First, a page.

Defense of Airport Body Scanners Undermined

     (CN) - Classified TSA documents revealed by clerical error show that the agency does not think terrorists are plotting to attack airplanes, suggesting that nude body scans are unnecessary to protect passengers.
     After Rapiscan developed "backscatter" body scanners using Advanced Imaging Technology in 2007, Jonathan Corbett sued the Transportation Security Administration three years later.
     He claimed that the TSA procedures violated the Fourth Amendment's prohibition against unreasonable searches in requiring agents to touch the passengers' private areas and let them see clear images of the passengers' nude bodies.
     Corbett claimed that the "the abstract risk[s] of terrorism without a credible, specific threat" does not justify the unreasonable screening procedures, which are performed without probable cause or a search warrant.
     "The nude body scanners serve to palpate every inch of skin, this time with electromagnetic radiation rather than fingers," he wrote in a recent brief. "Every crevice, fold, and bump is turned into a picture of the traveler's nude body. It is, essentially, the high-tech version of an invasive pat-down."
     After a federal judge found in 2011 that only federal courts of appeals can hear challenges to TSA orders, Corbett's case is now pending before the 11th Circuit.
     In the course of discovery, the TSA gave Corbett classified documents, which he incorporated into the brief that he filed under seal.
     A clerk at the 11th Circuit somehow neglected to place the document under seal, however, allowing the public to see the redacted information.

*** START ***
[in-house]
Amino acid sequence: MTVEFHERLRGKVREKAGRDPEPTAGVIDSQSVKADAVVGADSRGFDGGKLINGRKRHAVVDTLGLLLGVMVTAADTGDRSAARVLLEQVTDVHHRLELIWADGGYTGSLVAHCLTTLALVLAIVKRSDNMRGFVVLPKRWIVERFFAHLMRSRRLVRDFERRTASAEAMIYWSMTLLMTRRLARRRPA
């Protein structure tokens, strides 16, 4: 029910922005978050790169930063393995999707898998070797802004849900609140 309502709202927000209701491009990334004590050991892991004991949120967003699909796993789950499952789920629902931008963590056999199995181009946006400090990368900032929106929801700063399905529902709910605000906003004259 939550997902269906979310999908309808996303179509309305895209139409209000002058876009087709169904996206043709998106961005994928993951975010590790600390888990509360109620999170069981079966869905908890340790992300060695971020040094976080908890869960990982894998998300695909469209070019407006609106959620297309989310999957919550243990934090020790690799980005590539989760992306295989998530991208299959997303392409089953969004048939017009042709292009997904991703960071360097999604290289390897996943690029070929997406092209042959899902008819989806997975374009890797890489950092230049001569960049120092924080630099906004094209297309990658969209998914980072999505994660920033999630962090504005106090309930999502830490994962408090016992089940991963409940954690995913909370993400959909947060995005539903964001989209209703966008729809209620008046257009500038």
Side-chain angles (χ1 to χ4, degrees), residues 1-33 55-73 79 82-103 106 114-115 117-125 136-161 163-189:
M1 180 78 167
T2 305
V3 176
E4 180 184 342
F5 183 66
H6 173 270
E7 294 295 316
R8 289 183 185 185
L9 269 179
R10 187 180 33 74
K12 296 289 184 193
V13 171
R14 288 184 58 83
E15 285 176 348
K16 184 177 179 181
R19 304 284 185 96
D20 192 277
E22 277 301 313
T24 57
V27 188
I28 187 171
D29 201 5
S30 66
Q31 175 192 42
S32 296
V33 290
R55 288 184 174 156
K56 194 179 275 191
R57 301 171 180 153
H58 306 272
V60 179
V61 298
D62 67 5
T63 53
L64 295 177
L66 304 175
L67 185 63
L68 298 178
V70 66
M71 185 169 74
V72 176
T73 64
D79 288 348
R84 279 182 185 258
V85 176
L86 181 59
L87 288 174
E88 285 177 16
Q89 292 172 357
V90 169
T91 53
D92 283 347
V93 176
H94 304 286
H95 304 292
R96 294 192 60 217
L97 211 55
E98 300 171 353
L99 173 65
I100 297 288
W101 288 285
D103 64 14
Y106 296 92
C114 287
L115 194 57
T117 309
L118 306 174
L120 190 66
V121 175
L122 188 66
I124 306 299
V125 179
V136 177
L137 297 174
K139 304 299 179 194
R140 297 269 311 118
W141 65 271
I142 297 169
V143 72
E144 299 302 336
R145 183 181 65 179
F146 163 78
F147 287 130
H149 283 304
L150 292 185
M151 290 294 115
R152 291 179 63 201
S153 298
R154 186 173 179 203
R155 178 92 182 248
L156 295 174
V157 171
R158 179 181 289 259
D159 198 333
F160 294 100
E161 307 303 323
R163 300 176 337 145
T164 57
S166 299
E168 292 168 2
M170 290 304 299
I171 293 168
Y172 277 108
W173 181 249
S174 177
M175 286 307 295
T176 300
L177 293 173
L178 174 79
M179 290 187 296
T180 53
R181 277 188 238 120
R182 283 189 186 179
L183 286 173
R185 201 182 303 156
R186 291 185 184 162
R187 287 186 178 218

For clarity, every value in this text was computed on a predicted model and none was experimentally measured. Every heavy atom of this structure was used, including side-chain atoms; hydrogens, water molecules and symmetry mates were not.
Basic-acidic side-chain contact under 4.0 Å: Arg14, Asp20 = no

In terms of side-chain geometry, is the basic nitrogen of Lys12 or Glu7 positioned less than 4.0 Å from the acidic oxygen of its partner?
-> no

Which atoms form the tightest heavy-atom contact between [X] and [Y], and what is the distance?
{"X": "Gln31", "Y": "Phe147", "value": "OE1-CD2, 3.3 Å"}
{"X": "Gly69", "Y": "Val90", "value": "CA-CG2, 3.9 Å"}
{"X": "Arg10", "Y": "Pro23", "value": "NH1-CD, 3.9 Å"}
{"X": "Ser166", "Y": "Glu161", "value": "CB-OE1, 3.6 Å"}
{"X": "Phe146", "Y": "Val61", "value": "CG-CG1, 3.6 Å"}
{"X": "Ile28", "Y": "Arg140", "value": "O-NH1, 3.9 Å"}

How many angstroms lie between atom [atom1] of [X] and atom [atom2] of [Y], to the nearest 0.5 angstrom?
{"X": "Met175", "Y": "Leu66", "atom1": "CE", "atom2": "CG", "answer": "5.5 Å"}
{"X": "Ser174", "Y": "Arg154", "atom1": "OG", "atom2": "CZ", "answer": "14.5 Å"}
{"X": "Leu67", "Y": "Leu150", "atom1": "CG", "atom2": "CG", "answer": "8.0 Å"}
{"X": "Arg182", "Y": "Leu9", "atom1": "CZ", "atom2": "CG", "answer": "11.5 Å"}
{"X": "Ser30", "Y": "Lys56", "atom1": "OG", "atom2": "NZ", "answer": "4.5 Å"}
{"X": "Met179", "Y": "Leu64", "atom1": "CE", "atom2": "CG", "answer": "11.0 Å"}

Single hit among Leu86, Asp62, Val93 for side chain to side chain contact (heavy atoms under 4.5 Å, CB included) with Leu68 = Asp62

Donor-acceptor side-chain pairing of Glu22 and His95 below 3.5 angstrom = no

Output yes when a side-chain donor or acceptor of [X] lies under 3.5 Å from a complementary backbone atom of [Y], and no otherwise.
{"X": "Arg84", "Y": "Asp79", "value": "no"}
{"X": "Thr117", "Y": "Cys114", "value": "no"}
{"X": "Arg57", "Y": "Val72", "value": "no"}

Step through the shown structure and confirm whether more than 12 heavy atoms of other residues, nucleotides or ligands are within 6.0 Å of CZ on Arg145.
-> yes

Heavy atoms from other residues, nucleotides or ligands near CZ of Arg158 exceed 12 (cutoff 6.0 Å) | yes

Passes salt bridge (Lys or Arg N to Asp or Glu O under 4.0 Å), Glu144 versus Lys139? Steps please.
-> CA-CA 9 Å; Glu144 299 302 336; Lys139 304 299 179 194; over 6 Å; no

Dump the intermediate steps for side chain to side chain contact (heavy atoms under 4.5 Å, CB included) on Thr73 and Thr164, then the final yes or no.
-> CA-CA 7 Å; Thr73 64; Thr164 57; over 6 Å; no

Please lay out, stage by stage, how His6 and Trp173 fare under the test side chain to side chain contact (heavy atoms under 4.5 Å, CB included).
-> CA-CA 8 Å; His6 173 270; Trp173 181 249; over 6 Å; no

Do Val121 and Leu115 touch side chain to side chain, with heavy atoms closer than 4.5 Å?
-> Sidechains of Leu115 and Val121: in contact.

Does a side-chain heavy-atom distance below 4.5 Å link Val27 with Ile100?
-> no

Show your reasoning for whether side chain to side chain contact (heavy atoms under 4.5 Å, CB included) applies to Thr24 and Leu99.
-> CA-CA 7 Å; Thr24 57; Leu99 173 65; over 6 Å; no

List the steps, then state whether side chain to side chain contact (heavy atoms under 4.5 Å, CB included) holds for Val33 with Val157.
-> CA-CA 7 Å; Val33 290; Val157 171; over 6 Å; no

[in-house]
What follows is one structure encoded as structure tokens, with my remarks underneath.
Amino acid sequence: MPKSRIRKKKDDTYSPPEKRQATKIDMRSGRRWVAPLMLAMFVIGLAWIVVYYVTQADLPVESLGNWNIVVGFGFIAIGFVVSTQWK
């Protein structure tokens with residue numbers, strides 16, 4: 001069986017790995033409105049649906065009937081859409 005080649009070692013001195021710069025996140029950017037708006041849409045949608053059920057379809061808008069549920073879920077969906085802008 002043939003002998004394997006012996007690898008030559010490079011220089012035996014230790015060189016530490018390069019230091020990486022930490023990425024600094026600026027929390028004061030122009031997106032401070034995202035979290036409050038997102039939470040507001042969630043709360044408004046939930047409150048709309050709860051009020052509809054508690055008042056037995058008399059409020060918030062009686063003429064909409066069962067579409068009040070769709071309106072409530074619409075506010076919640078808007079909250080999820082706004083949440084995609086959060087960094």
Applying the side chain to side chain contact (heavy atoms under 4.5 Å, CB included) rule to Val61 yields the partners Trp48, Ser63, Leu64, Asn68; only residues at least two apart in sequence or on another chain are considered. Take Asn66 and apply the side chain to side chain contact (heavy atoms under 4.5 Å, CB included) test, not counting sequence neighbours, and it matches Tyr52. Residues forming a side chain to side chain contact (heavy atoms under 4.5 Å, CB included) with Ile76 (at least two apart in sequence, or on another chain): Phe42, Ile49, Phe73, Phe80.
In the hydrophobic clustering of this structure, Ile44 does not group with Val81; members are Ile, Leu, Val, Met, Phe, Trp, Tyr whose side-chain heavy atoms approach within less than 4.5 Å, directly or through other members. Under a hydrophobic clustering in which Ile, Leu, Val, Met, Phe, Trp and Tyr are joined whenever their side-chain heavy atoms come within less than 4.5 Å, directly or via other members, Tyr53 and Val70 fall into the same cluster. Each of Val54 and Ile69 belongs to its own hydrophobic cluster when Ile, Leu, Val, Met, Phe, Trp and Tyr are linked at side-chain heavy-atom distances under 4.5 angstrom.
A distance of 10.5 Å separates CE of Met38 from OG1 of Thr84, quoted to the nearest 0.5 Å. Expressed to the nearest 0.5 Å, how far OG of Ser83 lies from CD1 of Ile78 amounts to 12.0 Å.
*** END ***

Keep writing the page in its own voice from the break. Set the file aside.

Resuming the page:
This mistake revealed the TSA's apparent admission that terrorists are unlikely to target airports in a subsequent attack.
     "As of mid-2011, terrorist threat groups present in the Homeland are not known to be actively plotting against civil aviation targets or airports; instead, their focus is on fundraising, recruiting, and propagandizing," the TSA said.
     In addition, the brief states that "the government concedes that it would be difficult to have a repeat of 9/11 due to hardened cockpit doors and the willingness of passengers to challenge hijackers rather than assume a hijacking merely means a diversion to Cuba. The government also credits updated pre-flight security for that difficulty assessment, but the assessment was written before the en masse deployment of body scanners and before the update to the pat-down procedure. Further, the government admits that there have been no attempted domestic hijackings of any kind in the 12 years since 9/11."
     The nude body scanners are not very good at detecting explosives, and almost everything caught by the machine, such as guns, could be found using a traditional metal detector, Corbett says.
     The only thing the scanners allegedly excel at over a metal detector is finding illegal drugs, which do not threaten the safety of passengers.
     Because less intrusive, but equally effective, search methods exist, the TSA's use of nude scanners and full pat-downs is unnecessary and unconstitutional, according to the brief Corbett filed pro se.
     "The limited support that the TSA has for the nude body scanners and pat-down procedures in Congress, in the eyes of the public, and in the courts so far is a direct result of the TSA's insistence that these devices are necessary to mitigate the threat of non-metallic explosives," it states. "When given the choice between sacrificing some of their privacy or risk being blown up, many people - especially politicians who would not want to have the finger pointed at them for being 'responsible' for allowing the next terrorist attack to happen - choose the former.
     "However, this is a false choice, and the TSA has deliberately misled the public, Congress, and the courts into concluding that no less invasive alternatives can 'do the job.' At least three other technologies are available to the TSA for the purpose of screening travelers for explosives, and a review of the administrative record shows that the TSA's decision to use nude body scanners and pat-downs over these other technologies was arbitrary and capricious."